WHIDBEY ISLAND UFO REPORT CLASSIFIED AS AN "UNKNOWN"
After a thorough investigation of all pertinent facts, the
UFO sighting reported by Dan MacIndoe of Oak Harbor on January
21st, 1988 has been classified as a true "unknown". The Mutual
UFO Network (MUFON)--a civilian organization of trained
professionals that investigates UFO reports--has ruled out all
possible conventional explanations for the object seen by Mr.
MacIndoe, his wife, mother, mother-in-law and father-in-law, and
Dan MacIndoe, age 32, an ex-Navy lieutenant with seven
years military service in the field of aviation
supply--including work assignments with the Navy's prestigious
Blue Angels squadron--was rated as an exceptionally credible
witness by the MUFON organization.
The UFO encounter began at 10:45 p.m. on the night of
January 21st at the MacIndoe home not far from the Whidbey
Island Naval Air Station. Flight operations at Whidbey NAS had
by that time been over for 15 minutes, with the last plane
reported "on the deck" at 10:30 p.m.
The UFO was first observed by Cornelia MacIndoe, age 72,
Dan MacIndoe's mother, who sighted a bright, orange-yellow
stationary light in the southern sky when she went outside to
smoke a cigarette. She called the entire family's attention to
the object, and together they watched as the UFO shot straight
up for approximately 3 degrees of arc from a position 25 degrees
above the horizon in the direction of the Naval Air Station.
The object then abruptly stopped, made a sharp right-angle turn
in the horizontal direction and came straight towards them.
According to MacIndoe's account, the object covered a
distance of one and a half miles in approximately 3 seconds. As
the UFO approached the house it seemed to slow, taking
approximately 15 seconds to slowly drift directly over the heads
of the five adult witnesses and child. It disappeared from view
as it travelled in a straight path to the NNE, passing behind
some tall fir trees behind the MacIndoe house.
While the object was passing overhead Dan MacIndoe was able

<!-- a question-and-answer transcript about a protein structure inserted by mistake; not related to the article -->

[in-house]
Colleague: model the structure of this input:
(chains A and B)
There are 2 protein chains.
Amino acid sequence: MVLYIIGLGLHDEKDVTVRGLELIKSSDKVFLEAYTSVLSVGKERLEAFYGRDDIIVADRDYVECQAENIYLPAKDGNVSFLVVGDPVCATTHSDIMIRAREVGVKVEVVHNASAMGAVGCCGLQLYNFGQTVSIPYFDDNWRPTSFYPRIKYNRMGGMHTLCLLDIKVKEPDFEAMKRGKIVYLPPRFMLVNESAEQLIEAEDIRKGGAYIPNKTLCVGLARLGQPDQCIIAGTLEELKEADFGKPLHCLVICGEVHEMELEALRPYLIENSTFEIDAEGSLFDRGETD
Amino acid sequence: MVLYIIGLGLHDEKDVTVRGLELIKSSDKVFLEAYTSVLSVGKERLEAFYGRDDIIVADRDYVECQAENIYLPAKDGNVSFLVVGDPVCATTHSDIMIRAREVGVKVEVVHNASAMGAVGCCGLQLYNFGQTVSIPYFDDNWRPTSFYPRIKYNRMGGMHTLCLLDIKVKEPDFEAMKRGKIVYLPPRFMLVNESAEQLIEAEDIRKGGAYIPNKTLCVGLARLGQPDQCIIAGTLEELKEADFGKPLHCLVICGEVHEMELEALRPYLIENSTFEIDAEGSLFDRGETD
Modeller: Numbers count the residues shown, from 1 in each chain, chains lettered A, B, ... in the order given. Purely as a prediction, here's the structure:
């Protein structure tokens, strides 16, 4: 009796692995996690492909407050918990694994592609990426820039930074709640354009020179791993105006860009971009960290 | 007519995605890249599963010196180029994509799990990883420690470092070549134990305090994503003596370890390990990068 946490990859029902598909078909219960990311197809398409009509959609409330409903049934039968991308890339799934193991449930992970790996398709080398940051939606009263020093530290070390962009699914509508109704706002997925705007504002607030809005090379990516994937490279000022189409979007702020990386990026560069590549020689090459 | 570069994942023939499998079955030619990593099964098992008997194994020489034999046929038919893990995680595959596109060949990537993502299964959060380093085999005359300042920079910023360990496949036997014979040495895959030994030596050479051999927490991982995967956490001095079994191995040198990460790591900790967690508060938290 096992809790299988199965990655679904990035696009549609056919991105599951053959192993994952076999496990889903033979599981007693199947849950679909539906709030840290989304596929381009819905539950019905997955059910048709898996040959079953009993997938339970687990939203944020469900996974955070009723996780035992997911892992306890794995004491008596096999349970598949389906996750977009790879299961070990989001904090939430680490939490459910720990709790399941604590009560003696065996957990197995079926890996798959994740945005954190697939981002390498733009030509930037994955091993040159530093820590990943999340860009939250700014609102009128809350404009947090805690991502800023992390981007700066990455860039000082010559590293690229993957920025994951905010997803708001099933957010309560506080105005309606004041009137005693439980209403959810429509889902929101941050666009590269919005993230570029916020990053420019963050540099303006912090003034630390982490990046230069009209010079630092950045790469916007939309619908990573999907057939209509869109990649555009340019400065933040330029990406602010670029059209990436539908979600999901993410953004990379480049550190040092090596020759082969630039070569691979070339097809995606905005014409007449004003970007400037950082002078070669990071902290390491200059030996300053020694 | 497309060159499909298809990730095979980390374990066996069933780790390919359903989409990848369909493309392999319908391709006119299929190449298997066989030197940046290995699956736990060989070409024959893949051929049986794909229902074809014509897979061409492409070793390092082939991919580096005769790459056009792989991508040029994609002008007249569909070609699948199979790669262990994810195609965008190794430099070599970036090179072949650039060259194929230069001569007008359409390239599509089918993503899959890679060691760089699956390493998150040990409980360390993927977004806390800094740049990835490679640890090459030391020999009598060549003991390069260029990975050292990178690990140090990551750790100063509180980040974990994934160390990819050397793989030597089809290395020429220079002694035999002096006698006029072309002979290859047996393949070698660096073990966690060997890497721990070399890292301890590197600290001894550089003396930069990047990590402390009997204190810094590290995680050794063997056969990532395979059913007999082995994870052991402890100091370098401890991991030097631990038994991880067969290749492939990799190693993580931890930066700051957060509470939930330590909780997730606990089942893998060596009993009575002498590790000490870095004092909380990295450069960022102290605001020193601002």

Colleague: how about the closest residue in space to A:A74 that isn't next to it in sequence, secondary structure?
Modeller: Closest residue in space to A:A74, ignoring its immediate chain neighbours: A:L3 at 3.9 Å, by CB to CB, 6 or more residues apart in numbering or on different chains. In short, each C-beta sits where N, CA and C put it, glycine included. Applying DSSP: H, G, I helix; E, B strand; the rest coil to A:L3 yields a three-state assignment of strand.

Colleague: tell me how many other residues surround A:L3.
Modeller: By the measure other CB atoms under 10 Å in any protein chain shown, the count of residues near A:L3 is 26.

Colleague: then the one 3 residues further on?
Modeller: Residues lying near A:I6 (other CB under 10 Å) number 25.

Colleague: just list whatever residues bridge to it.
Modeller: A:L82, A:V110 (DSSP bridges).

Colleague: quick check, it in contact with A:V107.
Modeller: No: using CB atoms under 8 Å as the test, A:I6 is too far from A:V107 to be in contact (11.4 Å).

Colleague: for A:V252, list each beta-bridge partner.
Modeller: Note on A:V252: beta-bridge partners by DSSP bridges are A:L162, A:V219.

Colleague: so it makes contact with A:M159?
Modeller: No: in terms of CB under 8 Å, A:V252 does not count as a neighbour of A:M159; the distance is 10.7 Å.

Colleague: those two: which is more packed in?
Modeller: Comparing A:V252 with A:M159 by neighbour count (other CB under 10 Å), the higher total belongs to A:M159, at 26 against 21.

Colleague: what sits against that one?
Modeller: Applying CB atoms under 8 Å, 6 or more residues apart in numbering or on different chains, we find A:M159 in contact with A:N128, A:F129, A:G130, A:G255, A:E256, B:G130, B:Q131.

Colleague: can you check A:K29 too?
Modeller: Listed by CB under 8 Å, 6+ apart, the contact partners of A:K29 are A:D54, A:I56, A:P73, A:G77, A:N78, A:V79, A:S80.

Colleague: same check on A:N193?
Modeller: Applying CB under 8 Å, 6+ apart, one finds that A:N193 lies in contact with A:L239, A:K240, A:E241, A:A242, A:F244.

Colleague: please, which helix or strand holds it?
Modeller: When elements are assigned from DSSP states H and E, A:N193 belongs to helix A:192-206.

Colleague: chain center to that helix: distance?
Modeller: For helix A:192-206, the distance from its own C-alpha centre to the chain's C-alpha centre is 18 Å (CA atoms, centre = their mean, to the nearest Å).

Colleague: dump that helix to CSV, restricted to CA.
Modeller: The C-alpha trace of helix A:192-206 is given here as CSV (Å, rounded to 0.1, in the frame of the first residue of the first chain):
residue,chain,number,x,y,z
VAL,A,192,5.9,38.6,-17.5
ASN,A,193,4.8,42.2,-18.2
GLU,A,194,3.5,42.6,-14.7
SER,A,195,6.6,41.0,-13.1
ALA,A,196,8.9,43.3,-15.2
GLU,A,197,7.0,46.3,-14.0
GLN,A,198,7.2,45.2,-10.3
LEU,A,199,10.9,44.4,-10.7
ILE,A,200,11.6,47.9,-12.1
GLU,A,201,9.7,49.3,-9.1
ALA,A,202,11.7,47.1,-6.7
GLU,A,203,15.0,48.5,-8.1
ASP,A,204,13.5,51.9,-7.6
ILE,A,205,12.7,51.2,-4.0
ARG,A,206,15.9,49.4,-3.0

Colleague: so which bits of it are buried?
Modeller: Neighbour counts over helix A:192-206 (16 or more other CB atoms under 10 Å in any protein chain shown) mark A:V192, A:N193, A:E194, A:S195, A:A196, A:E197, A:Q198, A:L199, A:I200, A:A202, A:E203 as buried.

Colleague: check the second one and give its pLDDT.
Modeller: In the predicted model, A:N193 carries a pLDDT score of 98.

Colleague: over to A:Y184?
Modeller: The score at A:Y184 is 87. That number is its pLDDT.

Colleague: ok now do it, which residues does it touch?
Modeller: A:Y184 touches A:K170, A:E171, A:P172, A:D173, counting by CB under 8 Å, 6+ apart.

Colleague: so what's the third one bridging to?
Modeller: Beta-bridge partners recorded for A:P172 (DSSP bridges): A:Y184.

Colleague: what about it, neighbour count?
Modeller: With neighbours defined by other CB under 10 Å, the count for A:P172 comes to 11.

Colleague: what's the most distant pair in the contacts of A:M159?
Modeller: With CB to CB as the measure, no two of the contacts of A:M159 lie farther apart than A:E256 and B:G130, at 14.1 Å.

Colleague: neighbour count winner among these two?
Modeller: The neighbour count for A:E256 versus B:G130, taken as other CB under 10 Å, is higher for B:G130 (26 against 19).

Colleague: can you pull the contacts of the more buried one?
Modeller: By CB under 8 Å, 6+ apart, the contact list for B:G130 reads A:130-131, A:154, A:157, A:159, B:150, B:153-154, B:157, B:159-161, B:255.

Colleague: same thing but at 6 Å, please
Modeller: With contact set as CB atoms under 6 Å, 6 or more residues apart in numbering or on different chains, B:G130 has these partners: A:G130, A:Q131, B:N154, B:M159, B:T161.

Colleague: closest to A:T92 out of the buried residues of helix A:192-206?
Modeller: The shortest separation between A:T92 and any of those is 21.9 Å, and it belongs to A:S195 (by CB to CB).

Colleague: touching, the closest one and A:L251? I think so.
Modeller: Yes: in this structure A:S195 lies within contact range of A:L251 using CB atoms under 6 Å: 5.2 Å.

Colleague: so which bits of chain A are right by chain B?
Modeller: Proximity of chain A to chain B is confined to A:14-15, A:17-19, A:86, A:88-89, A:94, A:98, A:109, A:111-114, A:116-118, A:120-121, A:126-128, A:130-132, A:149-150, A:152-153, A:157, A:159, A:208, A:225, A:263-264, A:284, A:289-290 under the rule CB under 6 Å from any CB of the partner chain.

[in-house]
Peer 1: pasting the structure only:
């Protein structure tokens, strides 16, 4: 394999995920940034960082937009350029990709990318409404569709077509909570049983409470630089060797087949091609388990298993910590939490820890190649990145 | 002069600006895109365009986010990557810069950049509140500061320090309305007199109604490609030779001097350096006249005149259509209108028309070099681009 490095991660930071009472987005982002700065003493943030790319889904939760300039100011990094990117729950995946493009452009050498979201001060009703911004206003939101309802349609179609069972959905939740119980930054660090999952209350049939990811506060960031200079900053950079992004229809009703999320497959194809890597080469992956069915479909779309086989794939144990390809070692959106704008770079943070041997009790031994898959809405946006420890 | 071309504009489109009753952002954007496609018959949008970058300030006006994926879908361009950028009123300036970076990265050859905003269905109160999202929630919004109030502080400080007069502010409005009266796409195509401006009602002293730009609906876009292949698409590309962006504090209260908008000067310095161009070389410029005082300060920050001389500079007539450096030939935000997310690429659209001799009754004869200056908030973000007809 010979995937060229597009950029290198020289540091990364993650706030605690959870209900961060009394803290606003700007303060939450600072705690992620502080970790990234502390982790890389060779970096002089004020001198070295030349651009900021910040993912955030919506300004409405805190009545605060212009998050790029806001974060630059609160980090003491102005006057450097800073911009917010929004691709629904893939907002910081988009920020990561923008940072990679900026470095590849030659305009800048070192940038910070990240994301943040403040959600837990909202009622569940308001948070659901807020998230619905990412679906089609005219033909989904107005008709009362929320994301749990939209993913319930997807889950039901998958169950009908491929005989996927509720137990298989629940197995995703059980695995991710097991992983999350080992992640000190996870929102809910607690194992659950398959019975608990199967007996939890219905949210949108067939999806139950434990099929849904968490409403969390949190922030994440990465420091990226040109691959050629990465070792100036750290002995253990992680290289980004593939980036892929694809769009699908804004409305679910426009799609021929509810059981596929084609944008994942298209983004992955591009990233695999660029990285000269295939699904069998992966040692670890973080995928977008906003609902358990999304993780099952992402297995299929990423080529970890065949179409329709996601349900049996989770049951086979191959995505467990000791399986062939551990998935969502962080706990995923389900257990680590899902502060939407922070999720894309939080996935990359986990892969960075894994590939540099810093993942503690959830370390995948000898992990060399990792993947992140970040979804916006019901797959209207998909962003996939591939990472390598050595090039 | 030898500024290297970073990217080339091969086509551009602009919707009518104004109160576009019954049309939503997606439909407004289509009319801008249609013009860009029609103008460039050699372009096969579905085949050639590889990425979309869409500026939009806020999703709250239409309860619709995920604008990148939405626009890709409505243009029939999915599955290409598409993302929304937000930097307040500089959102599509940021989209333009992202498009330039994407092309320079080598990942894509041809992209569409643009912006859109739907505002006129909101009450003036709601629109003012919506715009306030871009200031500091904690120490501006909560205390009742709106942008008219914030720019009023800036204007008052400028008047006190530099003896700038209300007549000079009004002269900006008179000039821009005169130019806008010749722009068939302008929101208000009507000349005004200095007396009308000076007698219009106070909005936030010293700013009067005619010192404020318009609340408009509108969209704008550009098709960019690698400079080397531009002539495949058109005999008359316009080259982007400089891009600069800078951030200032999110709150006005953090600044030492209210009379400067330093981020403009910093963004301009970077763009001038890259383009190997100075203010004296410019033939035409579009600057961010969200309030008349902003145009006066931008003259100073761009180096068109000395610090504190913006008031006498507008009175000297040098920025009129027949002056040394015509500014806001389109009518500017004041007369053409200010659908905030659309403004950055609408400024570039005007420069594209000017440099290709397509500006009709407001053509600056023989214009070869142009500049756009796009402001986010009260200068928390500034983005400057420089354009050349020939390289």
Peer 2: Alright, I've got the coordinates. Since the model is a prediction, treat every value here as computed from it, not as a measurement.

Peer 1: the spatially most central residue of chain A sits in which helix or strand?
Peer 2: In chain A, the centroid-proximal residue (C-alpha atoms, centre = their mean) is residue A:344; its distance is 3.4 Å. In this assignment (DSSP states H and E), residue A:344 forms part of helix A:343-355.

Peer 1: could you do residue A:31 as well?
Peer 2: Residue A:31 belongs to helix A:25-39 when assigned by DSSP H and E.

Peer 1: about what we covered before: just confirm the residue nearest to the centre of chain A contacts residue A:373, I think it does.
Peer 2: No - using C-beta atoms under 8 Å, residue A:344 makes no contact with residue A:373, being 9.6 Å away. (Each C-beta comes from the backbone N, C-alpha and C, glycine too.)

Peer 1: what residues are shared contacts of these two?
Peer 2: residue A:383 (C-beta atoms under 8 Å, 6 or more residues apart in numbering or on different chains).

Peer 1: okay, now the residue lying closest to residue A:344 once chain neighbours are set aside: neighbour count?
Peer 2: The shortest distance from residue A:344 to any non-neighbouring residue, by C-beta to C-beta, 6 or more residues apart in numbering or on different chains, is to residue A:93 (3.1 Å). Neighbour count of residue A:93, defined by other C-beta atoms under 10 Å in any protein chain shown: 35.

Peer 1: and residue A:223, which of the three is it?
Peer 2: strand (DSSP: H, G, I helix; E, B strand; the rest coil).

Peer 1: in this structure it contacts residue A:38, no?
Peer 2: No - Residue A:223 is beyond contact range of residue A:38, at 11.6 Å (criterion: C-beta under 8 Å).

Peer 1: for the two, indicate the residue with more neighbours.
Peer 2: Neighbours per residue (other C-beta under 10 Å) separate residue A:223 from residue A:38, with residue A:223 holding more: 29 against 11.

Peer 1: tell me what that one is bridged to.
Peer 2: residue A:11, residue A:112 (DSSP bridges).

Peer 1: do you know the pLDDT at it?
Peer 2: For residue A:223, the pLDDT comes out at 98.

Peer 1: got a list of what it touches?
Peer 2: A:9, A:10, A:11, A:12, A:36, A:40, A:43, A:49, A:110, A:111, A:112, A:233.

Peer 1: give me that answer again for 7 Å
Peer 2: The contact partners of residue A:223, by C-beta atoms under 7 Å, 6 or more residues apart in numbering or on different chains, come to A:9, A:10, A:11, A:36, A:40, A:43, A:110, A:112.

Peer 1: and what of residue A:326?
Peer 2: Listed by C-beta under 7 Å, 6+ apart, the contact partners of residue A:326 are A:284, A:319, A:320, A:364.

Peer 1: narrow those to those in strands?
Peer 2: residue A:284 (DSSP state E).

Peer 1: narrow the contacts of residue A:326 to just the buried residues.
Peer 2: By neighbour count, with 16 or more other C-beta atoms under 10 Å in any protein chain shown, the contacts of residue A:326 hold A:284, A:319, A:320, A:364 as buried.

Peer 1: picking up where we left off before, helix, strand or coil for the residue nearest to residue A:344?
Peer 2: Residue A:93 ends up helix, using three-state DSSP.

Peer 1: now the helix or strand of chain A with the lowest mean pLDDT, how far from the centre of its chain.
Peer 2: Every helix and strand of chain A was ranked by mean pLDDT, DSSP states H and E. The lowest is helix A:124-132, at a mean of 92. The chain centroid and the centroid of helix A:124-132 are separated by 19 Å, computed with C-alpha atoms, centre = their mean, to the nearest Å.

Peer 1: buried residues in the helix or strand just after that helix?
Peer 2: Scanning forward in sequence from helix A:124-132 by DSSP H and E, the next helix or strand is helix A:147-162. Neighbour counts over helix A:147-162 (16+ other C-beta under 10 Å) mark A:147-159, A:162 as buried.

to observe the object through a 135 mm telephoto lens, and was
also able to determine that there was no sound associated with
its flight. Mr. MacIndoe described the shape of the underside
of the object as that of "a perfect circle."
"The lights were blueish-white in nature and I estimate 15
lights spanned the circumference of the circle. All remained on
forming a circle of 'running lights'. The lights would pulse
brighter in sequence, I believe going in a clockwise direction,"
Dan MacIndoe reported.
He went on to say, "...during the event winds were calm,
there were scattered clouds in the vicinity. We live in a rural
area. There were no sounds. During the entire episode none of
us heard the usual prop or jet noise associated with military
aircraft using the airfield. At the time the object was
directly overhead I asked my family for complete silence to
listen for engine noise. There was absolute silence."
According to Dr. Donald Johnson, Washington State Director
for MUFON, a combination of factors were sufficient to rule out
all mundane explanations for the sighting. "The fact that this
overflight occurred in restricted military airspace, together
with the testimony of multiple witnesses, the complete lack of
sound, the observation of the unusual lighting pattern on the
object seen through magnification, and the lack of wind combine
to provide sufficient information to classify this case as an
"In other words, there is little possibility that the
object the MacIndoes and others reported seeing that night was a
satellite, balloon, commercial or military airplane or
helicopter, or astronomical body." The National Weather Service
and Whidbey NAS were called to confirm that there were no
weather balloons released at that time. Additionally, several
of Mr. MacIndoe's Dugualla Bay neighbors and others from as far
away as Lake Washington, Edmonds, and Bellingham called him to
report that they had also witnessed unusual lights in the sky
Dr. Johnson reports that the field investigation has been
evaluated by the national headquarters as complete. The
sighting was assigned a strangeness rating of four on a
five-point scale--labelled as "strange, does not conform to
known principles", and it also received a probability rating of
four on a five point scale--"credible and sound".